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Monday, 19 February 2018|

World Population Clock

Notes on World Population Clock and World Vital Events

Note: Date of data updated.
The populations displayed on the World Population Clock are not intended to imply that the population of the world is known to the last person. The World Population Clock is only an estimate of the world population and an indication of how fast it is growing. According to the current estimates, the world population reached 6 billion on 21 June 1999 at about 4.25 PM GMT (June 21 at 12.25 PM EDT). Given the uncertainties of the estimates and the fact that estimates are constantly updated, it is possible that the estimate of when the 6 billion was hit could change. The United Nations, whose population estimates differ somewhat from our figures, celebrated the "Day of 6 Billion” on 12 October 1999.

The estimates and projection of the world population used to produce these figures were developed by the International Program Center (U.S. Bureau of the Census, Population Division)1 based on analysis of available data on population, fertility, mortality and migration. The analysis is performed separately for the 227 countries or areas of the world with a population of 5,000 or more based on information from census, survey and administrative records. For most countries and especially less developed countries, adjustment of the data is necessary to correct errors, omissions and inconsistencies in the data. Since the most recent data for each country is at least two years old (for most countries they are even older), the populations used are projections from these estimates based on assumed trends in fertility, mortality and migration. As new data become available, all data are reevaluated and some data changes may be made. For general information about how these estimates and projections are made, please see Appendix B of the report, World Population Profile: 1998. These estimates and projections are contained in the International Data Base.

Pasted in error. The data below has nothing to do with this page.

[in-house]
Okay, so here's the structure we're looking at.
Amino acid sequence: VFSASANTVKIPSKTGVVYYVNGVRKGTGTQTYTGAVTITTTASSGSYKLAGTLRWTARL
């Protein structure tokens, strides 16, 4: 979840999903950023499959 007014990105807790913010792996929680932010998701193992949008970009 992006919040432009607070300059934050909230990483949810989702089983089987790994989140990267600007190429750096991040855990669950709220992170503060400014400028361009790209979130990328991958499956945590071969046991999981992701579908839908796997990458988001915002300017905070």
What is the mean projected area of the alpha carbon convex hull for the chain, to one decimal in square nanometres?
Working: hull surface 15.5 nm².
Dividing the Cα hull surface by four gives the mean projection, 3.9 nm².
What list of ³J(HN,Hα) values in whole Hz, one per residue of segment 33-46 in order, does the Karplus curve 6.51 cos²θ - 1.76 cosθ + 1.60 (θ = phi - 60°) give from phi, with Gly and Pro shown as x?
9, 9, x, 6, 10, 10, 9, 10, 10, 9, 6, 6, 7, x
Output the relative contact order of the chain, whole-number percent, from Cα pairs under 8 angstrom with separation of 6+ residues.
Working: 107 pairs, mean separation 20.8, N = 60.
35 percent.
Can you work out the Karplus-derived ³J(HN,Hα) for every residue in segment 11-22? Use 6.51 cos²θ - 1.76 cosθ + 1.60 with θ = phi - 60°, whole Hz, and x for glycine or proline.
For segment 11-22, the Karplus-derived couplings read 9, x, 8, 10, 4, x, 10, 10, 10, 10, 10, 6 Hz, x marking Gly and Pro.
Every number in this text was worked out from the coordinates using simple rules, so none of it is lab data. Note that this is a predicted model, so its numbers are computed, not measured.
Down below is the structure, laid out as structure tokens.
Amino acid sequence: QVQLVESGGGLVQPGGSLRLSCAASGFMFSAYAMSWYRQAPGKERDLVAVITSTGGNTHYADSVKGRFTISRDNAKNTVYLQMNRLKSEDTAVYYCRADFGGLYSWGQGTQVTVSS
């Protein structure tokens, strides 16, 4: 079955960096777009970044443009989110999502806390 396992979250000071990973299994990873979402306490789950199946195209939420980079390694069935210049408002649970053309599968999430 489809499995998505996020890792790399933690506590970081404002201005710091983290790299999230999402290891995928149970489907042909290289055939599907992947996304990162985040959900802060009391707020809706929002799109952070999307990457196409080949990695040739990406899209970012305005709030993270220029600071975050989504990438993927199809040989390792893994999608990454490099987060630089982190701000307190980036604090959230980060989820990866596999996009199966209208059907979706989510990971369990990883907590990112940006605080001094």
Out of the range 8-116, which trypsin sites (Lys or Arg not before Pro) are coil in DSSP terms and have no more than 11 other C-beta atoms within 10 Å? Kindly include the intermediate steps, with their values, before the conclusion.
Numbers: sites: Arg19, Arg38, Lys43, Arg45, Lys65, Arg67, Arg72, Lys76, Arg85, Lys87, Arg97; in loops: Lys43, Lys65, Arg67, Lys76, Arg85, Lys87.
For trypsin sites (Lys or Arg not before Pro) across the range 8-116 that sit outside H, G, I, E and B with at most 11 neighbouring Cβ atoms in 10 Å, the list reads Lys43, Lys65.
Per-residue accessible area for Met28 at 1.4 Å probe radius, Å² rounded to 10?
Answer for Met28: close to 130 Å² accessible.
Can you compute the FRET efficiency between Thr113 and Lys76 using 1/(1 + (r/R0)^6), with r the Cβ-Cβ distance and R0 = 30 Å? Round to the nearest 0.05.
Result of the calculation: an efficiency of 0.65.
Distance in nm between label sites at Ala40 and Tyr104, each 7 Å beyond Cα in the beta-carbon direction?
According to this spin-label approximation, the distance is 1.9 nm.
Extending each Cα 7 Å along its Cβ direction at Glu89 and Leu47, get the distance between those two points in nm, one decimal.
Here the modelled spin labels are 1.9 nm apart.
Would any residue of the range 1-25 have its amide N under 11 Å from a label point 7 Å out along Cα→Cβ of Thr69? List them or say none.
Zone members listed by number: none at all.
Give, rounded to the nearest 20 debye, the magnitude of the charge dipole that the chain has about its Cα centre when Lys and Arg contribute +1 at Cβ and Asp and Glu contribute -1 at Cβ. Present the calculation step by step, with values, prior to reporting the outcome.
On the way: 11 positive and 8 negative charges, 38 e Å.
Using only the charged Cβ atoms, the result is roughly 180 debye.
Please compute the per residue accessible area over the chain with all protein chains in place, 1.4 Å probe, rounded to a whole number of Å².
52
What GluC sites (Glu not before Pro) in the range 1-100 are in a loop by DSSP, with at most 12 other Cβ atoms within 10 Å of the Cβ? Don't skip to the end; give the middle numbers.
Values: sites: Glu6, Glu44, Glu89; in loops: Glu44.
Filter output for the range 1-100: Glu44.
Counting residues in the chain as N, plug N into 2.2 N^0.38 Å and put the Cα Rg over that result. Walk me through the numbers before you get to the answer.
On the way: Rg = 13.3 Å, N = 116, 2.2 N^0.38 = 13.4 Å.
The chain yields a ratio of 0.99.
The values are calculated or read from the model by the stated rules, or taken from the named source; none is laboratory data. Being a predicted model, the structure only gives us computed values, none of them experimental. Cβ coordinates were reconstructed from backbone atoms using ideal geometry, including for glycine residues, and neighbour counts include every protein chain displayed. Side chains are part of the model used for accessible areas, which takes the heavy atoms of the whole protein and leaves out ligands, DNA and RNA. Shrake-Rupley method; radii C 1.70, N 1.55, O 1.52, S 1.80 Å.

The World midyear population and vital event estimates result from an aggregation of the figures for the individual countries and areas. The intermediate population estimates are based on a linear interpolation between successive midyear population figures. World vital events for different units of time are computed based on the number of months, days, hours, minutes or seconds in the given year.

Figures may not add to totals due to rounding.

  1. U.S. Census Bureau, Population Division International Programs Center
  2. U.S. Census Bureau, International Data Base